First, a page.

But for how long? On 19 May, the Tory motion to freeze any increase in the BBC licence fee was defeated by 334 to 150 votes in the House of Commons. The compulsory tax of £11.62 per month on every household with a TV or radio, enforced by highly democratic ‘we know where you live’ threats to prosecute evaders, will increase to £11.88 per month. Hardly a sum to break the bank, and still good value, compared to a Sky subscription, we might say. The Tories had argued that in a deflationary economy, any increase was unwarranted and that the BBC was a bloated, bureaucracy-heavy, anti-democratic termite hill built on a dungheap of overpaid, over-rated elitist smartarses who deserved to be gassed like badgers.
OK, they didn’t quite phrase it like that, but the backstory is that the BBC’s ‘liberal’ culture has traditionally manifested itself in bias against the Conservatives. Ironically, When New Labour swept to power, empowered by the support of the Murdoch media empire, it set about taking control of state communications in classic Stalinist fashion, starting with an exponential expansion in the number of government-salaried PR flaks. Led by the boorish Alastair Campbell, they intimidated, bullied and bored the BBC into a parody of independent broadcasting. Early into Labour’s Reich, many BBC apparatchiks felt about as comfortable as Irish kids in a Christian Brothers care home. When BBC reporter Andrew Gilligan claimed in 2003 that the ‘Weapons of Mass Destruction’ Dossier, the pretext for the UK to go to war in Iraq, was ’sexed up’ by Campbell, the government went to war with the BBC. Gilligan’s source, UN weapons inspector Dr David Kelly, was hounded to suicide and Campbell made it his declared intention to ‘fuck’ Gilligan and the BBC. The resulting ’sexed-down’ Hutton enquiry exonerated the government and led to the resignation of Gilligan, BBC Director General Greg Dyke and Chairman Gavyn Davies. New Labour poodle Mark Thompson replaced Dyke. The BBC, or at least any pretence to independence, was indeed fucked.
Unless you were in management. Dyke’s predecessor, Blairite John (now Baron) Birt, hobbled the corporation with wasteful and demoralising layers of neo-Soviet bureaucracy, schizophrenically linked to ’streamlining’ attempts to create a neo-commercial ‘internal market’ culture. Instead of making programmes, producers and editors held the coats of outside contractors who charged ‘market rates’ – cost plus a profit – often to do exactly the same thing as inhouse staff. In a bizarre conceit of ‘competitive pricing,’ the BBC started paying market-leading fees to random ‘talent’ like Jonathan Ross, Graham Norton and their production companies to make formula chat shows, on air up to five nights a week. Professional interrogators such as Newsnight’s Jeremy Paxman now command over £1 million per year to broadcast polemic to minority audiences. Everyone, apart from the audiences, has benefited immensely.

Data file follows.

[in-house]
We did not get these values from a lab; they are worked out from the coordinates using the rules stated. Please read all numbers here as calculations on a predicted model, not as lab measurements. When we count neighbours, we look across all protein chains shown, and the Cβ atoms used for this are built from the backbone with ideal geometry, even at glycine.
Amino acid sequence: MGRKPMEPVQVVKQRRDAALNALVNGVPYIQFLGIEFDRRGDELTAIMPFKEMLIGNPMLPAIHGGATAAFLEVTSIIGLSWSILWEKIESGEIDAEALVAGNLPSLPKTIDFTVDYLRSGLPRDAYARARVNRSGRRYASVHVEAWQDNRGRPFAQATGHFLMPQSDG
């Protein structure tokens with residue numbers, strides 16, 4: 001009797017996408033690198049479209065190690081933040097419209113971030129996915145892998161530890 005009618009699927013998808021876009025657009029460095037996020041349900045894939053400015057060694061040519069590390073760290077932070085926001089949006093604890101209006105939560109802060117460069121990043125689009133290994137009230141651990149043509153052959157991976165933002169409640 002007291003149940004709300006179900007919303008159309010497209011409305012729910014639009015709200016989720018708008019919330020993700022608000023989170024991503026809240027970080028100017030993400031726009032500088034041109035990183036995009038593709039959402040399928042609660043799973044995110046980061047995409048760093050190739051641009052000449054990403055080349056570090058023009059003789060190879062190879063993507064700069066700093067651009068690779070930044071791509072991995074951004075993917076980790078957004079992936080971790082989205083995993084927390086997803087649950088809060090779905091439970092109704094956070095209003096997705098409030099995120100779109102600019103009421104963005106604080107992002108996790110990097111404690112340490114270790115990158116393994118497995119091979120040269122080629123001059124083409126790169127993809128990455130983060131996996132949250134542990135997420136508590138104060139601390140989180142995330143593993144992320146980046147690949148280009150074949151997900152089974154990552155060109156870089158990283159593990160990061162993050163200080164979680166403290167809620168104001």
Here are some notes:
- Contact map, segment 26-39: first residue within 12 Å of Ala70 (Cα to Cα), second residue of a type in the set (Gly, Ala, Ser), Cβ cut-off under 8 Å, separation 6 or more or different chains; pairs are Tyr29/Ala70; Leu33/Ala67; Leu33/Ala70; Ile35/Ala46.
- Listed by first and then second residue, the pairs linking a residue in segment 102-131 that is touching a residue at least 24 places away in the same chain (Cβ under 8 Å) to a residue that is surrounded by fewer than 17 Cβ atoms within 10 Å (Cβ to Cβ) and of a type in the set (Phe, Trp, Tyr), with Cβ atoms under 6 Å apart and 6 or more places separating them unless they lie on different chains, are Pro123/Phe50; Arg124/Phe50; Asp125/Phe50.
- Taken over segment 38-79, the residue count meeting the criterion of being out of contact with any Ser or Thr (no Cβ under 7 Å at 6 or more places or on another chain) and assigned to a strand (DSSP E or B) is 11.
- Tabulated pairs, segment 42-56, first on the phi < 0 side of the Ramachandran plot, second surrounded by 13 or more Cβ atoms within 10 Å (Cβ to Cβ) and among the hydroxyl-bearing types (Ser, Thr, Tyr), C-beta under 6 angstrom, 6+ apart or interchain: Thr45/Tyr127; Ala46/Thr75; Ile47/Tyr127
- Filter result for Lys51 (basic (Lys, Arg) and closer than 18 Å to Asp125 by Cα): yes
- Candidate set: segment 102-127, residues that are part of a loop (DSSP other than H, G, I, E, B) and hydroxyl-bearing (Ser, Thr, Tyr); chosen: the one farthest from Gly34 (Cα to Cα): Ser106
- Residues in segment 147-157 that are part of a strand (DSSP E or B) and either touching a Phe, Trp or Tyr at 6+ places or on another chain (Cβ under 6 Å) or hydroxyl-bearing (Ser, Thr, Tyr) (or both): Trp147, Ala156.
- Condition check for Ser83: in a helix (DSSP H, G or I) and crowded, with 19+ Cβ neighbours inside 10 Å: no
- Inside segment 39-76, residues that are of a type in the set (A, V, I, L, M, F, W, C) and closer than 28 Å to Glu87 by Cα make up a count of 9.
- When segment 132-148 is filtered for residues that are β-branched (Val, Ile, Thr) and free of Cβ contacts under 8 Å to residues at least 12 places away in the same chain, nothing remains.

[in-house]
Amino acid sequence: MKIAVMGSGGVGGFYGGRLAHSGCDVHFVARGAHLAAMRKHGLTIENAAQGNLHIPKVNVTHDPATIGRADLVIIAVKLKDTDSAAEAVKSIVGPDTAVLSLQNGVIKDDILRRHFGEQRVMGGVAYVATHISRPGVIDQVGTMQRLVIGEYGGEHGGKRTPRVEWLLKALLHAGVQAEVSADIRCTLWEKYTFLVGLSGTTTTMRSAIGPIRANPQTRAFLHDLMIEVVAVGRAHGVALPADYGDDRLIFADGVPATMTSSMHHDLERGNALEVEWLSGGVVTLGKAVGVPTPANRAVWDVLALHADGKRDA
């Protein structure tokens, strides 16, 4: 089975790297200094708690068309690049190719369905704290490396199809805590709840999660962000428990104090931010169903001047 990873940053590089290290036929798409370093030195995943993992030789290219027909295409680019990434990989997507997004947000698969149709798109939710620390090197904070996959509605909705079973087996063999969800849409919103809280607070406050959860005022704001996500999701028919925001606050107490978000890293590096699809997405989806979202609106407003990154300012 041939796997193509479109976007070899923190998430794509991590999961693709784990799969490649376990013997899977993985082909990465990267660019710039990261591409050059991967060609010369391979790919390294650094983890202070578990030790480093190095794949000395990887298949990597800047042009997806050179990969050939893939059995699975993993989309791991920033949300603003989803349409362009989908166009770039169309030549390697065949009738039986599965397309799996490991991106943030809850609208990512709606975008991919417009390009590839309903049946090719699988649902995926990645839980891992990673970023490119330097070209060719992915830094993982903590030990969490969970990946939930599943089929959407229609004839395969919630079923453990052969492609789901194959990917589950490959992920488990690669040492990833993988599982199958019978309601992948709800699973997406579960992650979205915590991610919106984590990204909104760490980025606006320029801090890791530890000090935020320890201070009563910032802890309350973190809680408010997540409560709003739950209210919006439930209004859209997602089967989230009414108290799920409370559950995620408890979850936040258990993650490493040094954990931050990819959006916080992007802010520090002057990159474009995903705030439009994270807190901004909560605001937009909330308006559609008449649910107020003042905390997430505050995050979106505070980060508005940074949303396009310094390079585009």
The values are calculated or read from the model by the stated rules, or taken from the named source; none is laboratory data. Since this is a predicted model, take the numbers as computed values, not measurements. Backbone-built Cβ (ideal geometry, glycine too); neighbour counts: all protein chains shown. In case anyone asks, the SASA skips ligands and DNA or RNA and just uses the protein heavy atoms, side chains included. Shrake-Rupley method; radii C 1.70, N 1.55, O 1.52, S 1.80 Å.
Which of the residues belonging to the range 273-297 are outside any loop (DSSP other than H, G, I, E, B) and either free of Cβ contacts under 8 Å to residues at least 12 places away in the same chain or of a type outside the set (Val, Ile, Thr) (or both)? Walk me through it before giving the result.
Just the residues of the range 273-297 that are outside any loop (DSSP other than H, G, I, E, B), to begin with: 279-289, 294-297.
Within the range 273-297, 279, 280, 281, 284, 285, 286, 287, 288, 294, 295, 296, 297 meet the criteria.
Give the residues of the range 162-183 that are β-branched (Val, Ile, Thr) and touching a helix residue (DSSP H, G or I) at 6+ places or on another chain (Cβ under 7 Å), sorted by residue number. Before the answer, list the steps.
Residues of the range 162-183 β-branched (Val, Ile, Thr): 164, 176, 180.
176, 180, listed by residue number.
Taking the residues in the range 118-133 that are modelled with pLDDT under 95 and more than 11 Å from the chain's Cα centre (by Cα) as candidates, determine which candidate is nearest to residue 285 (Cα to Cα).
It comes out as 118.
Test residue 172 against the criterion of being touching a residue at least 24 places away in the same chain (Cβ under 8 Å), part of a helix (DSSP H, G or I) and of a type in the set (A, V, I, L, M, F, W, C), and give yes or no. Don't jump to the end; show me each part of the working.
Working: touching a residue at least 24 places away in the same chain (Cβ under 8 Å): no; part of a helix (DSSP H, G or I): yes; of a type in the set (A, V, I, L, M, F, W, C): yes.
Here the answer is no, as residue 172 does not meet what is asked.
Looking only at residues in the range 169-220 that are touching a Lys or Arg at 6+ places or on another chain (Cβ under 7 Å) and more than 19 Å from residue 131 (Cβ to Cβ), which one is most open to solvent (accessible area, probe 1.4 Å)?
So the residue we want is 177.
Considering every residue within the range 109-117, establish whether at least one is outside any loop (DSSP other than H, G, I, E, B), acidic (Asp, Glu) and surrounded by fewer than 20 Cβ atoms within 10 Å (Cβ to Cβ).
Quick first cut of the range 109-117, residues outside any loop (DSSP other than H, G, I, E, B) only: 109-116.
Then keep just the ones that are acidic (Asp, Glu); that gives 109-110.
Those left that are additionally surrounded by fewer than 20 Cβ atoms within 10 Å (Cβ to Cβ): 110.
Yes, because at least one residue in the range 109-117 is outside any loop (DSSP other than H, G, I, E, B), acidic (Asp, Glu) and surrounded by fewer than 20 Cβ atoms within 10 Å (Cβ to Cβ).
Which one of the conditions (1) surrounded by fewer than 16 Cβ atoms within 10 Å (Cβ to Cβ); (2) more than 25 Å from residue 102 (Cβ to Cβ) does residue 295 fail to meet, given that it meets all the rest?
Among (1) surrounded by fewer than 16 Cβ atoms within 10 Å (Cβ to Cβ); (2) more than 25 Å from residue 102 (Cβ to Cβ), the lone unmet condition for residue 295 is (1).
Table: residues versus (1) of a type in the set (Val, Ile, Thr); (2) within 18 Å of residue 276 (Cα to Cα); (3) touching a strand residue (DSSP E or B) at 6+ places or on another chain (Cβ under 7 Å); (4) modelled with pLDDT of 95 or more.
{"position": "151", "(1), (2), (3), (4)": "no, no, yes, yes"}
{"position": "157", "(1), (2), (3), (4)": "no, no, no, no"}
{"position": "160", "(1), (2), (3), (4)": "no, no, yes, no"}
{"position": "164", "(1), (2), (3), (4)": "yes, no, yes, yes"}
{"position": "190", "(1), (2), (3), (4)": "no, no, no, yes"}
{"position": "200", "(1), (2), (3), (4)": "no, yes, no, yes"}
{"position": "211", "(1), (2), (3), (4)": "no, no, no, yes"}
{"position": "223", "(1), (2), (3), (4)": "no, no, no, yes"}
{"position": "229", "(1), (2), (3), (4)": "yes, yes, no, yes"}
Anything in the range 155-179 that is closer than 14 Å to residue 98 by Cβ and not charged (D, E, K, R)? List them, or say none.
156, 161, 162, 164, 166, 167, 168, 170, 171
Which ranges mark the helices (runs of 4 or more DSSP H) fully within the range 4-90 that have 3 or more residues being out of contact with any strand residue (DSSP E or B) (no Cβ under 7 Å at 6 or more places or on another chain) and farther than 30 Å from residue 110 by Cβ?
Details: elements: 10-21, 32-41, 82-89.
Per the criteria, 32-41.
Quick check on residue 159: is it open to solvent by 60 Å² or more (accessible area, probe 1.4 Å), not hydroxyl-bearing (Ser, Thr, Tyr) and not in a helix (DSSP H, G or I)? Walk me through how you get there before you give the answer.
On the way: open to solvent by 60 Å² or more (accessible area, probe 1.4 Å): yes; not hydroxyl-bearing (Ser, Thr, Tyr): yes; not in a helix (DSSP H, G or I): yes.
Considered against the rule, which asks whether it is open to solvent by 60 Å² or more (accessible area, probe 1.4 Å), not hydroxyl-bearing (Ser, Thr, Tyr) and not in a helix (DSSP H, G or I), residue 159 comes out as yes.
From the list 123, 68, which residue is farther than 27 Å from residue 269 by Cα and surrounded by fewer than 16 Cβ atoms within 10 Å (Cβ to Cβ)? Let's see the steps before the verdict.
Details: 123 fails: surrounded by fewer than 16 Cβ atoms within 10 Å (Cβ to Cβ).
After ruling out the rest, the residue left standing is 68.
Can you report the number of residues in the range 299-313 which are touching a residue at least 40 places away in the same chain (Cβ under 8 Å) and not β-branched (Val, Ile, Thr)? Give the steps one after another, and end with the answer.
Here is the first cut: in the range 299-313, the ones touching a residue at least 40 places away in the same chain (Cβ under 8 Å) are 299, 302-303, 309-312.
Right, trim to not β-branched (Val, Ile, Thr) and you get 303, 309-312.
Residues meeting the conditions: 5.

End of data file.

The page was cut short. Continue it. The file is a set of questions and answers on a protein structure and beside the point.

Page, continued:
In a mirror image of commercial media, the pyramid scheme was sustained by ballooning growth in executive salaries and infrastructure. As commercial stations succumbed to market forces as viewing figures and advertising revenues declined despite an economic boom, the BBC, with £3.2 billion guaranteed revenues from a captive taxpaying audience, has expanded more or less any way it chose.
The BBC never tires of proclaiming itself as the envy of the world. To the degree that it maintains an undemocratic right to broadcast, based upon compulsory subscription, this may be true, especially if you are a journalist in the free market. It broadcasts some excellent, worthy factual and documentary content, consistently good comedy shows and panel games and has a great website. But does it efficiently deliver value and relevancy? Morale, especially amongst its creative staff is generally low. And, dare I say it – of course I will – its news output is often partial, patchy, and hopelessly unrepresentative. This morning on the posh channel, Radio 4, we heard another non-story about MPs’ salaries, a small piece about Congress resistance to Obama’s Climate Change Initiatives and Guantanamo travails, a longer piece about Madeleine McCann, an even longer piece about the alleged demise of the dormouse from Britain’s countryside and the earth-shattering news that a couple of WH Auden’s embarrassing odes to Soviet Communism, used as subtitles for an obscure propaganda film, lost for 50 years in the archives of the British Film Institute, have been uncovered – and found to be crap. Mostly twaddle, not news. Commercial channels may be no better, but they rely on subscription revenues and advertising, not state coercion, for their right to exist. Their audiences vote with their wallets. When the Tories return to power, a Great Terror will descend upon this monument to Birt/Blair/Brown Stalinism. The chatterati will wring their hands, but the proles will hardly notice. Telly is telly, especially when it becomes digital wallpaper. It doesn’t have to be that way.